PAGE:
It is relatively rare that I’ve found myself feeling sympathetic towards an education state, but over the Easter weekend, Damian Hinds must have just been on tenterhooks waiting to hear what was going to be his fault this time. As it was, among other things, it was email.
According to the NASUWT, teachers are “electronically tethered” to school because of email. General secretary Chris Keates despaired that the education secretary had done nothing to resolve the problem. But what exactly does she expect him to do? Surely, she can’t be arguing for the Department for Education to micromanage every school? That doesn’t seem like the union's usual angle.
The situation seems all the more odd when you look at the union’s recommendations: it suggests that teachers only read and respond to emails during their directed time. That seems an odd request to me. For many schools, directed time includes a 10-or 15-minute window at the start of the school day before pupils arrive. Should NASUWT teachers arrive to school early so they can prepare lessons and resources before that time, and spend the last few minutes before the day begins tackling emails?
It’s always struck me as an odd argument to focus on the tool rather than the user. My school has been closed for the Easter holiday for the past week, but I’ve still sent five emails during that time. One was to agree release time for a teacher: should I have made her wait for a response until term begins again? Two were to send resources that I’d made to colleagues: should they have been held back until just before the teachers needed them?
Emails aren't the problem for teachers
The problem with blanket rules about times is that it creates too many unintended consequences. One of the advantages of teaching is the flexibility of the work outside directed hours. There are all sorts of teachers who find that email allows them to achieve a bit more flexibility with their work, allowing them to enjoy a bit more of their life.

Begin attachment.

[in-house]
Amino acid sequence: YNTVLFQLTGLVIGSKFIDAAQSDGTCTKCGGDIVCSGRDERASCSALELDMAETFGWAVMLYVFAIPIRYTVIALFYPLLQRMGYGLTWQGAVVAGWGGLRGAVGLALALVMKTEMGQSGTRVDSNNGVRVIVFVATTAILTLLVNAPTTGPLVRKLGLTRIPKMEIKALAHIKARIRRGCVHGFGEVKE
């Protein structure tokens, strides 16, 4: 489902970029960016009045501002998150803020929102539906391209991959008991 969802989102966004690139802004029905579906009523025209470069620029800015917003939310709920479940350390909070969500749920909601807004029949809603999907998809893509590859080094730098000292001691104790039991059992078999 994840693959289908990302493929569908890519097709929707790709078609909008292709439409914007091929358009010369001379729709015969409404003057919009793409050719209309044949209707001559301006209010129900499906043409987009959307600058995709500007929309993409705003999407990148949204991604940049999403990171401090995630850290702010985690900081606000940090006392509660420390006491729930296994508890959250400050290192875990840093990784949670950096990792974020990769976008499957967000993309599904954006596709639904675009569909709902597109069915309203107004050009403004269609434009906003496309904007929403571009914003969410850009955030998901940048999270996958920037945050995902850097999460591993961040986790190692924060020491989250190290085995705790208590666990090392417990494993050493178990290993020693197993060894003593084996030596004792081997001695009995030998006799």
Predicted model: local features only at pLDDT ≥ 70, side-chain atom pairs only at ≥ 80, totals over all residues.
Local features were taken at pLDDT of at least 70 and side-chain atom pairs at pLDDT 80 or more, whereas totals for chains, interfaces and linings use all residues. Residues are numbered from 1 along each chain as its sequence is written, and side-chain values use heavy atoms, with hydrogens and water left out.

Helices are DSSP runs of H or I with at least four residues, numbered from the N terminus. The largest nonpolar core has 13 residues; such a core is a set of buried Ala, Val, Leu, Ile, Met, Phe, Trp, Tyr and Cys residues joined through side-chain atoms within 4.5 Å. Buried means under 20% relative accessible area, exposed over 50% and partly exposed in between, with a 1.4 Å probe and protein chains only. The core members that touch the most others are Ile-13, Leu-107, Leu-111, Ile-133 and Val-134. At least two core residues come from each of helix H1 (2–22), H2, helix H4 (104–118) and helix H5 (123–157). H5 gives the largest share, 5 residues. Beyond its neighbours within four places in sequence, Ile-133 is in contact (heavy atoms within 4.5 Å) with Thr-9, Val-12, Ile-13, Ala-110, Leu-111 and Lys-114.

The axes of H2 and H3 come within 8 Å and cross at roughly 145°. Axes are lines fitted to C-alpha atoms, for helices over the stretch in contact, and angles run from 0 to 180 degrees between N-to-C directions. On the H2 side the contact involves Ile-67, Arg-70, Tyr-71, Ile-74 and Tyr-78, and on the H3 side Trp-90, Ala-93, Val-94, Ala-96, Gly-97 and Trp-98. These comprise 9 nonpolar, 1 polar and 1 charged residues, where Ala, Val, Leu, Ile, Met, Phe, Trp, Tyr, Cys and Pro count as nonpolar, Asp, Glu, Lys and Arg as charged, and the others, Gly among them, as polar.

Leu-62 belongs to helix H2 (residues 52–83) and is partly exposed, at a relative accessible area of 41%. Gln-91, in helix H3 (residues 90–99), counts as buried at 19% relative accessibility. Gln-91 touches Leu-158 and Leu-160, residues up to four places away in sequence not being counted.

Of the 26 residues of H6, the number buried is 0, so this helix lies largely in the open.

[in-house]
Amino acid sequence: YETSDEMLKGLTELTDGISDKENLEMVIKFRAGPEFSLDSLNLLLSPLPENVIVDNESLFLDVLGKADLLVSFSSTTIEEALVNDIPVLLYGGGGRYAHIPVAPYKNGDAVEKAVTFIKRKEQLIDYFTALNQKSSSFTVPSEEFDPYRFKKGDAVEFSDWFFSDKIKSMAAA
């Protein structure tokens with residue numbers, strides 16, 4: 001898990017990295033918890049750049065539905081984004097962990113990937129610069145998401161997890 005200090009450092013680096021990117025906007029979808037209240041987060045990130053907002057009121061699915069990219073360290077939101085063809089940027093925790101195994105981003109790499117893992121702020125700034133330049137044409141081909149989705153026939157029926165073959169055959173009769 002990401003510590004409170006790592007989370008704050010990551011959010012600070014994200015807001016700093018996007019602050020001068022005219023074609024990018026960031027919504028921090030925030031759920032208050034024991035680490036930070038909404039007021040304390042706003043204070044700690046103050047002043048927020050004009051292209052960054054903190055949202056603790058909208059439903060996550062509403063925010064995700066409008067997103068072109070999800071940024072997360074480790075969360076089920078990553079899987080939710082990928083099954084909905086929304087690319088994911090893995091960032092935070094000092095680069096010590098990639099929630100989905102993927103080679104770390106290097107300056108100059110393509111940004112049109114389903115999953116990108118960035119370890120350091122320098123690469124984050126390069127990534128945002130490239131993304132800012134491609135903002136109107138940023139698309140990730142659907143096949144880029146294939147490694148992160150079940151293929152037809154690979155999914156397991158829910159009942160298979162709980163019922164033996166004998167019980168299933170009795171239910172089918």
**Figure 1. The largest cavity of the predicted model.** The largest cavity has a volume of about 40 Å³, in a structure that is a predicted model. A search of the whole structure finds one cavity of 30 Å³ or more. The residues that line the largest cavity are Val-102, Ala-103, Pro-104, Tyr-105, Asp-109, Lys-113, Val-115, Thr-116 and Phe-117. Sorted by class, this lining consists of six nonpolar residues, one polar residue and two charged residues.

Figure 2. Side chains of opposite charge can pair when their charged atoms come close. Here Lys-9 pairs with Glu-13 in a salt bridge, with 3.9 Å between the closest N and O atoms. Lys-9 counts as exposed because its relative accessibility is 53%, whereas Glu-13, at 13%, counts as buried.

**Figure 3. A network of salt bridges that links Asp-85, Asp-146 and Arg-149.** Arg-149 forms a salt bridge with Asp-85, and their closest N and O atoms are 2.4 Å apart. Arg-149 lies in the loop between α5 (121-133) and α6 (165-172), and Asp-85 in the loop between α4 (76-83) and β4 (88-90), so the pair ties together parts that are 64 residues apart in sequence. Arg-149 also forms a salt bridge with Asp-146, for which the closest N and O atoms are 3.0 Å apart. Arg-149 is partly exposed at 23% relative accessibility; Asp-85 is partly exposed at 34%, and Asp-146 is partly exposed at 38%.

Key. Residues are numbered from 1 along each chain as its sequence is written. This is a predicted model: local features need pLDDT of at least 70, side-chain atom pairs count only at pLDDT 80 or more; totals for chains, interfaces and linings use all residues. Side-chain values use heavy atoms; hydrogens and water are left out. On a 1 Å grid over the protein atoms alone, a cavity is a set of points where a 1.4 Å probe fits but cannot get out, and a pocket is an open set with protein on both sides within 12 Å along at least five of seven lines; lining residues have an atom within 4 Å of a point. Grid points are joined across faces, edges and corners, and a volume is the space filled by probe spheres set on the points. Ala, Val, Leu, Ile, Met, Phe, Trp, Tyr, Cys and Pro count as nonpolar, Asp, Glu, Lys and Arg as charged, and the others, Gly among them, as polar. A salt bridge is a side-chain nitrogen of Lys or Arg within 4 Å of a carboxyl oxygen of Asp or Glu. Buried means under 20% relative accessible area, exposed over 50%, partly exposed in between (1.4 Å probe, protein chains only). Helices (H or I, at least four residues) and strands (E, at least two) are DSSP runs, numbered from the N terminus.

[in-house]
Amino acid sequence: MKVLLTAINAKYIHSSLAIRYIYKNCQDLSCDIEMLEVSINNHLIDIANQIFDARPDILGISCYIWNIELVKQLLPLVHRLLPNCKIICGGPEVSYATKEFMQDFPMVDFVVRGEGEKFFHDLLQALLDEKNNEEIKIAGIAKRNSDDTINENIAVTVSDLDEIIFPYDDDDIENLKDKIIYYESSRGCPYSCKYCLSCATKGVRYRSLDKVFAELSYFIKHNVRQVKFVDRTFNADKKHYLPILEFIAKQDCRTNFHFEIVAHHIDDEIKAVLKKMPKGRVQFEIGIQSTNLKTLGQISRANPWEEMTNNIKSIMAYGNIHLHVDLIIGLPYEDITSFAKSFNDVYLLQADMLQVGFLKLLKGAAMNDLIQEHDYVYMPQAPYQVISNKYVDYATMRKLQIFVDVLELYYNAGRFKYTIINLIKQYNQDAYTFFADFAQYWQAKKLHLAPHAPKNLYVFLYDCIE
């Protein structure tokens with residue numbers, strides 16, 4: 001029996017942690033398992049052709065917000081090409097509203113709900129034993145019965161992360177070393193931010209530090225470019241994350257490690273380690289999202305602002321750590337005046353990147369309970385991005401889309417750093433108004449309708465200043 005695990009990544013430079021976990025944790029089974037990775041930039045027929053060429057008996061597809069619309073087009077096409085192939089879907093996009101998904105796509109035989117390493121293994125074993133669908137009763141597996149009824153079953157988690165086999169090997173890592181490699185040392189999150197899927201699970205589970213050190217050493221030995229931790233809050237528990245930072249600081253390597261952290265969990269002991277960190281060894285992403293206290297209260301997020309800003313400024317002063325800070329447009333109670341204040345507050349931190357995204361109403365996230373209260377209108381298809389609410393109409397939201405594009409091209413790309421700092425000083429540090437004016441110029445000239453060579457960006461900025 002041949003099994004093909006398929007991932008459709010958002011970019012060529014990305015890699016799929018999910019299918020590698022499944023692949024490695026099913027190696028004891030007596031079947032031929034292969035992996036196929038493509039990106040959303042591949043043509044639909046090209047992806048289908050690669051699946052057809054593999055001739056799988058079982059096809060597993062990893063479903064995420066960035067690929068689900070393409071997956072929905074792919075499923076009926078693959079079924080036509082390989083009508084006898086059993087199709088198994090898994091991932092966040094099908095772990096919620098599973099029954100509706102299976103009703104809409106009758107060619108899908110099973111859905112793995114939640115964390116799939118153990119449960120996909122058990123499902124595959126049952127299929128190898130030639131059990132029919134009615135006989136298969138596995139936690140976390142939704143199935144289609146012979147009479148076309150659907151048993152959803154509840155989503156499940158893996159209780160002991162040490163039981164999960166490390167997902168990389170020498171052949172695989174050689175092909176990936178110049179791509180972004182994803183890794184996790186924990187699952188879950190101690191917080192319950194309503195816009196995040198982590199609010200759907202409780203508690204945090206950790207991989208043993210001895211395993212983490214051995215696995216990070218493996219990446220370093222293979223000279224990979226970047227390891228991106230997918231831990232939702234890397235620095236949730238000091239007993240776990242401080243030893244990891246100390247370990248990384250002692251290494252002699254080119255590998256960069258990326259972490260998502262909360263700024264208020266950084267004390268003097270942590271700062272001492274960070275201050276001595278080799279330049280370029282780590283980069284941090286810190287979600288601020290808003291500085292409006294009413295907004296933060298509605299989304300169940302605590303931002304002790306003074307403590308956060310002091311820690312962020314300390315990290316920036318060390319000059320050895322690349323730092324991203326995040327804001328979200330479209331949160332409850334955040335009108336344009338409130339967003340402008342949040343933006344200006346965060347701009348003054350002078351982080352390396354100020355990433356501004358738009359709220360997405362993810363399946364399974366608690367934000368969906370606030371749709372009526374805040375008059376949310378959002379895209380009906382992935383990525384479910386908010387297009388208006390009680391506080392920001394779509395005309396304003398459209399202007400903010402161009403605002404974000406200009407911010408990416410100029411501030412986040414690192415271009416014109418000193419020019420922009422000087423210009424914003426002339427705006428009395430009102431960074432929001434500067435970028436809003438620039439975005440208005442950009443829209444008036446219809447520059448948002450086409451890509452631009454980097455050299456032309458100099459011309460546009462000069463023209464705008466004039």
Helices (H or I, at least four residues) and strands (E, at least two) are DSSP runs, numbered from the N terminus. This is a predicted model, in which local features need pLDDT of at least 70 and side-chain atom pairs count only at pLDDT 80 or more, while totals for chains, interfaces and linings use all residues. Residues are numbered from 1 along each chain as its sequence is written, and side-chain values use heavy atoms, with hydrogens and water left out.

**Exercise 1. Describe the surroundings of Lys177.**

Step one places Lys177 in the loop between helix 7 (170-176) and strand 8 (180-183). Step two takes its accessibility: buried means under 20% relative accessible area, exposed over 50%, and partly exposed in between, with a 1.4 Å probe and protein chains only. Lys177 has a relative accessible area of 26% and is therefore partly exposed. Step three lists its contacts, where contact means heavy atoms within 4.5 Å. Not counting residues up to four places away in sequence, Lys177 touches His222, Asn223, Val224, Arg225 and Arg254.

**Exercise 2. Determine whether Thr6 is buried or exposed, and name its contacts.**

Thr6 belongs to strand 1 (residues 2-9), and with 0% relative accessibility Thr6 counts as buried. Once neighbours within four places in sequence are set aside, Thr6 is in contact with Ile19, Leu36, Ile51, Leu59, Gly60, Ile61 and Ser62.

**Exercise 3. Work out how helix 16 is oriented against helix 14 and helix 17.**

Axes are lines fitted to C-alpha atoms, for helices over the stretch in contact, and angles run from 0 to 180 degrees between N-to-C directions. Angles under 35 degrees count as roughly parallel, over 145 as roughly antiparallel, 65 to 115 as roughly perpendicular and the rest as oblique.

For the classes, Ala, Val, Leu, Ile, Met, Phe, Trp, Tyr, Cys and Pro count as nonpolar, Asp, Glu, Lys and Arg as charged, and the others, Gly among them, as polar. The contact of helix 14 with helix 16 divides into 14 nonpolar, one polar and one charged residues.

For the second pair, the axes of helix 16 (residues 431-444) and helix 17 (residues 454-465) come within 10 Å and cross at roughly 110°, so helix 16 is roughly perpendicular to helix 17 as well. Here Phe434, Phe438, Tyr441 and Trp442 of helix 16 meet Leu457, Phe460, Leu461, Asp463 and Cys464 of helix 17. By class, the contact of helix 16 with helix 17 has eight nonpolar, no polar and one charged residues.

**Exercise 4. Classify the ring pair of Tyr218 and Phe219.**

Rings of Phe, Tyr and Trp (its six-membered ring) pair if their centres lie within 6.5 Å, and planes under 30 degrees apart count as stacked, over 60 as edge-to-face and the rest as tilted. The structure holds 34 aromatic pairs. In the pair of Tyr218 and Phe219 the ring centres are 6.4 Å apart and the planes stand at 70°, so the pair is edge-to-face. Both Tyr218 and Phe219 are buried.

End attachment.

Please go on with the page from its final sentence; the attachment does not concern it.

Amy is in her first year back after maternity leave. She works three days a week, so her directed time is less than other teachers'. But she does like to be "in the loop". Her job-share partner keeps in touch with an email about any important issues, and Amy can read them when she likes – either on her days off or when she returns to work.
Jack is in his second year of teaching. On Thursdays he runs the after-school football club before heading off to his own five-a-side team with old college friends. He’d much rather catch up with emails on the bus home using his phone than have to get in 10 minutes earlier each morning.
Mark is a single dad, trying to spend as much time with his family as he can. Two nights a week he aims to leave school shortly after the end of the school day so he can pick up his own children from their after-school clubs. He then spends the evening with them, before completing his own work later in the evening after they’ve gone to bed. Sending and receiving emails at 10pm is not unusual for him.
In all these cases, email can allow teachers to choose when they tackle the wider workload of the job. Issues only arise if there is an expectation of quick response times. If the union really wants to improve workload for teachers, it strikes me that the focus needs to be on the much more difficult-to-tackle area of leadership expectations – and I don’t know that Damian Hinds can fix that.
Michael Tidd is headteacher at Medmerry Primary School in West Sussex. He tweets @MichaelT1979